We will make it our duty to lay before our readers all the testimony and facts that we can obtain, in order that they may form their own opinions – for we regard this as a subject out of which will hereafter, spring questions fraught with [illegible] to the Republic.

We understand and we allude to it with pleasure, that every effort which talent and zeal could command, was exerted in behalf of the injured citizens of our State. The Deputy Attorney General (Mr. Bonham) in strains of eloquence which drew tears from the most hardened of the audience, opened the cause on the part of the State. After the examination of the witnesses, the Jury was addressed on the same side by Mr. Miller, who in a plain, powerful and cogent speech, seemed to have carried conviction to the minds of all. He was succeeded, on the same side, by Mr. Todd and Mr. Watts – the former of whom seemed to make the accursed shrink within themselves by the power of his sarcasm ; - and the later, winding up the case with an inimitable analysis of the testimony enforced by unanswerable argument, appeared to have removed every shadow of doubt, until the verdict itself startled the whole community. Before we go to press, we may be able to lay some further facts before our readers.

P. S. Since the above was in type, we have received full notes of the testimony, which will enable us, in our next paper, to furnish a complete report of the trial. At present, we will content ourself with giving, in addition to the reports from the Philadelphia papers, the testimony of some of the most conspicuous witnesses on behalf of the parties accused, which we find in our notes.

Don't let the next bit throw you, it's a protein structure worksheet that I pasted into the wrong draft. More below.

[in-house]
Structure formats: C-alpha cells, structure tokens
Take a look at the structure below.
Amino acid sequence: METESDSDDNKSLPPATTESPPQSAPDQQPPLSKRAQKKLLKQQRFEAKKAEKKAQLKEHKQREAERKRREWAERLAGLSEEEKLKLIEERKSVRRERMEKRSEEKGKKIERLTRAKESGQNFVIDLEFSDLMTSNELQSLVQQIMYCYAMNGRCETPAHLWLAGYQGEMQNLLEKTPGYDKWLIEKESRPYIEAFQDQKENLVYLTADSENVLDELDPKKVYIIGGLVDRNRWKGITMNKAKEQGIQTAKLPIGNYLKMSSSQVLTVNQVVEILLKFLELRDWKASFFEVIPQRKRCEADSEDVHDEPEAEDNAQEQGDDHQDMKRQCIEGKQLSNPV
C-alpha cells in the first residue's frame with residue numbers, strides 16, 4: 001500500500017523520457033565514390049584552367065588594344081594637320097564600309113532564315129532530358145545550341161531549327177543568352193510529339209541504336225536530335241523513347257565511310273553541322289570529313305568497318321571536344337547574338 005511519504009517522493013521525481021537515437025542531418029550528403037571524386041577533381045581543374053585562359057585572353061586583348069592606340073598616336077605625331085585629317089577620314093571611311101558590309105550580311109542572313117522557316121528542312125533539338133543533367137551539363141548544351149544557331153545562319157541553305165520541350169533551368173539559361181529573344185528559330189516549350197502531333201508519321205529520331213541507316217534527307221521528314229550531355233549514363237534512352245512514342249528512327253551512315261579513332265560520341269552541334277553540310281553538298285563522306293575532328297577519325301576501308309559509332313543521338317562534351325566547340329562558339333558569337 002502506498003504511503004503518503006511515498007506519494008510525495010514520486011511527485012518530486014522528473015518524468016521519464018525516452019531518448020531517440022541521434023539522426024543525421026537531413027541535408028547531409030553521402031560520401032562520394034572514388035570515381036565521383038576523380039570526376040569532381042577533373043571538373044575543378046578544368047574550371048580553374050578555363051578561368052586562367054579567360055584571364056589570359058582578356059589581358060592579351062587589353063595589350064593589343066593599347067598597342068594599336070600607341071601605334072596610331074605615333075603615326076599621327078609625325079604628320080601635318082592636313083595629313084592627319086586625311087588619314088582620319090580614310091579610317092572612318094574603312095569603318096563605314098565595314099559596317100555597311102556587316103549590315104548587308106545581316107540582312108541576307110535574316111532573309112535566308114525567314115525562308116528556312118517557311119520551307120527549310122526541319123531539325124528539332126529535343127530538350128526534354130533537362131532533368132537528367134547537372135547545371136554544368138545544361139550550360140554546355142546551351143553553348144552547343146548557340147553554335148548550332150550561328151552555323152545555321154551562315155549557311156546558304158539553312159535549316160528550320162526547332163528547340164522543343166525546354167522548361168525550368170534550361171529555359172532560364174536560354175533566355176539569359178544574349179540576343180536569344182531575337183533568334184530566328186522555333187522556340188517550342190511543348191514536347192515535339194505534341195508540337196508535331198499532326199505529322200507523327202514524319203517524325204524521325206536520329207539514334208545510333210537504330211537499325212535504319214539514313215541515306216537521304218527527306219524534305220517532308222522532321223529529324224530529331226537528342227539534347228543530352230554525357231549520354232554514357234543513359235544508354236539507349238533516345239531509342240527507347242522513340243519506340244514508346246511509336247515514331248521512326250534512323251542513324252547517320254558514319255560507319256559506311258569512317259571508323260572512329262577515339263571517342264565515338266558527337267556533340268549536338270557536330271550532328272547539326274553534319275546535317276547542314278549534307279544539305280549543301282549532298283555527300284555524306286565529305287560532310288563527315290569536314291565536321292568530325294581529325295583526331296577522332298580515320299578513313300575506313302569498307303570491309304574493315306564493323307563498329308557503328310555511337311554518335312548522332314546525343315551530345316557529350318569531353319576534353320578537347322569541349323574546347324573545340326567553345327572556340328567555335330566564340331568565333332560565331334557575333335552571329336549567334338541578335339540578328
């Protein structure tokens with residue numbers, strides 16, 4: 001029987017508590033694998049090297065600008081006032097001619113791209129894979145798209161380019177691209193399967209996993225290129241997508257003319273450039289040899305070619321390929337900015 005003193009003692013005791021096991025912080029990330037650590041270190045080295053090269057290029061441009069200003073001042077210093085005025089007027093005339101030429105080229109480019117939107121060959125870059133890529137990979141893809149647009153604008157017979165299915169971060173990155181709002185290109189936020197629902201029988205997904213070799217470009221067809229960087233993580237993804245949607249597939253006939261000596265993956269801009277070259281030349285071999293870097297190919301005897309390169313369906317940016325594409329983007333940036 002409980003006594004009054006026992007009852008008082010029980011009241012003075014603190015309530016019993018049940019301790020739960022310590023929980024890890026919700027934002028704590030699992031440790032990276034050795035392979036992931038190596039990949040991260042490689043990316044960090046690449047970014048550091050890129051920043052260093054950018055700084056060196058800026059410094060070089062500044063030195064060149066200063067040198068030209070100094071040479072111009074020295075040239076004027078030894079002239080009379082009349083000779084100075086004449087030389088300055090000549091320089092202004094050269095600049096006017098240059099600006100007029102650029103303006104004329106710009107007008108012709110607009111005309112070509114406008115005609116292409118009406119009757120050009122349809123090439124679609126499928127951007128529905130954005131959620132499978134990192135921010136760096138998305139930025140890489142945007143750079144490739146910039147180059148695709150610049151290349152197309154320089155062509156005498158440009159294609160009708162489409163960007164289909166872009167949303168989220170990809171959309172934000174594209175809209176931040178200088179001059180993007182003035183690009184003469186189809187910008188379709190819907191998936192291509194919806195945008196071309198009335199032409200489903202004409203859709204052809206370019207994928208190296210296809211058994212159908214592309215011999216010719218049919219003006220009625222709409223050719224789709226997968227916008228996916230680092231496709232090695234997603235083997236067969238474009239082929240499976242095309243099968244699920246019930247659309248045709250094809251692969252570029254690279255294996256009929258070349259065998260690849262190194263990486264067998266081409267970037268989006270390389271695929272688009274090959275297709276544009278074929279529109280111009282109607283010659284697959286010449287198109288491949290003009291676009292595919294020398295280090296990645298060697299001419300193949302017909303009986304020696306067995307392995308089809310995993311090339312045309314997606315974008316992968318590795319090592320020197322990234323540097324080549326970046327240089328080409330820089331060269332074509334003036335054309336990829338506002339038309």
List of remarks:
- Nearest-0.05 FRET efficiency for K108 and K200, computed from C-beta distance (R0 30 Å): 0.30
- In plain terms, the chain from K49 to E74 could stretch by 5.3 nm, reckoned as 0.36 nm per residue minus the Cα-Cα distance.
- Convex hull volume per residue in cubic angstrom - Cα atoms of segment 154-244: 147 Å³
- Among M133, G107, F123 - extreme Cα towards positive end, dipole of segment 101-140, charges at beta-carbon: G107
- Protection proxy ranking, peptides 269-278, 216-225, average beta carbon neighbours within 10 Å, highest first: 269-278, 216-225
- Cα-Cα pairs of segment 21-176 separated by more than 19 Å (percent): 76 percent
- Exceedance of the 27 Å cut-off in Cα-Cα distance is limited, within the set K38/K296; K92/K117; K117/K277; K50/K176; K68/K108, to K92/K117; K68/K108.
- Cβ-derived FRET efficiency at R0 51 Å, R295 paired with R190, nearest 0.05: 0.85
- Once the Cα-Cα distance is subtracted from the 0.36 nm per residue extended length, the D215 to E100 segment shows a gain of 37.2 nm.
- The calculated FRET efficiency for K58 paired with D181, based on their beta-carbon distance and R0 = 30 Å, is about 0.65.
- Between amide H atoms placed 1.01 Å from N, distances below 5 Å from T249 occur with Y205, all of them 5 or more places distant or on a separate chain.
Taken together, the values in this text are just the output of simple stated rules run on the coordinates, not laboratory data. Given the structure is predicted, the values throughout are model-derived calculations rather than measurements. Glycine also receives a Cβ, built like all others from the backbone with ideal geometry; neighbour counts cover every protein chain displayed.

From a hasty revision of the testimony, we see that we have been fully borne out by the witnesses, in the statement of the facts, made by us, immediately after the riot – which statement was so ruthlessly assailed by some of the friends of Professor M’Clintock. In regard to the declaration of Prof. M’C. after Mr. Kennedy had fallen, that “it served him right,” we would state that, owing to the very great excitement which prevailed that the time, this expression may have been misunderstood, although one witness testifies to the words. It is more than probable that he (Prof. M’C.) only remarked that “Mr. Kennedy brought it upon himself,” or words to this effect. As we are not disposed to do Mr. M’C injustice – guilty as we believe him to be – we take pleasure in making this statement.

Another explanation, as an act of justice to the character of Cumberland County, we take particular pleasure in making. With a noble and manly firmness, which goes very far towards wiping out the stigma inflicted upon Justice, by the Jury, Judge HEPBURN, on behalf of himself, and associates, immediately after the rendition of the verdict, arose and protested in the most positive manner, against the verdict of the Jury. It was, said he, contrary to the testimony, and if it were a matter of dollars and cents, he would not hesitate a moment to set it aside and grant a new trial. In the views of the Court, we are also gratified to learn, a great majority of the citizens fully concurred.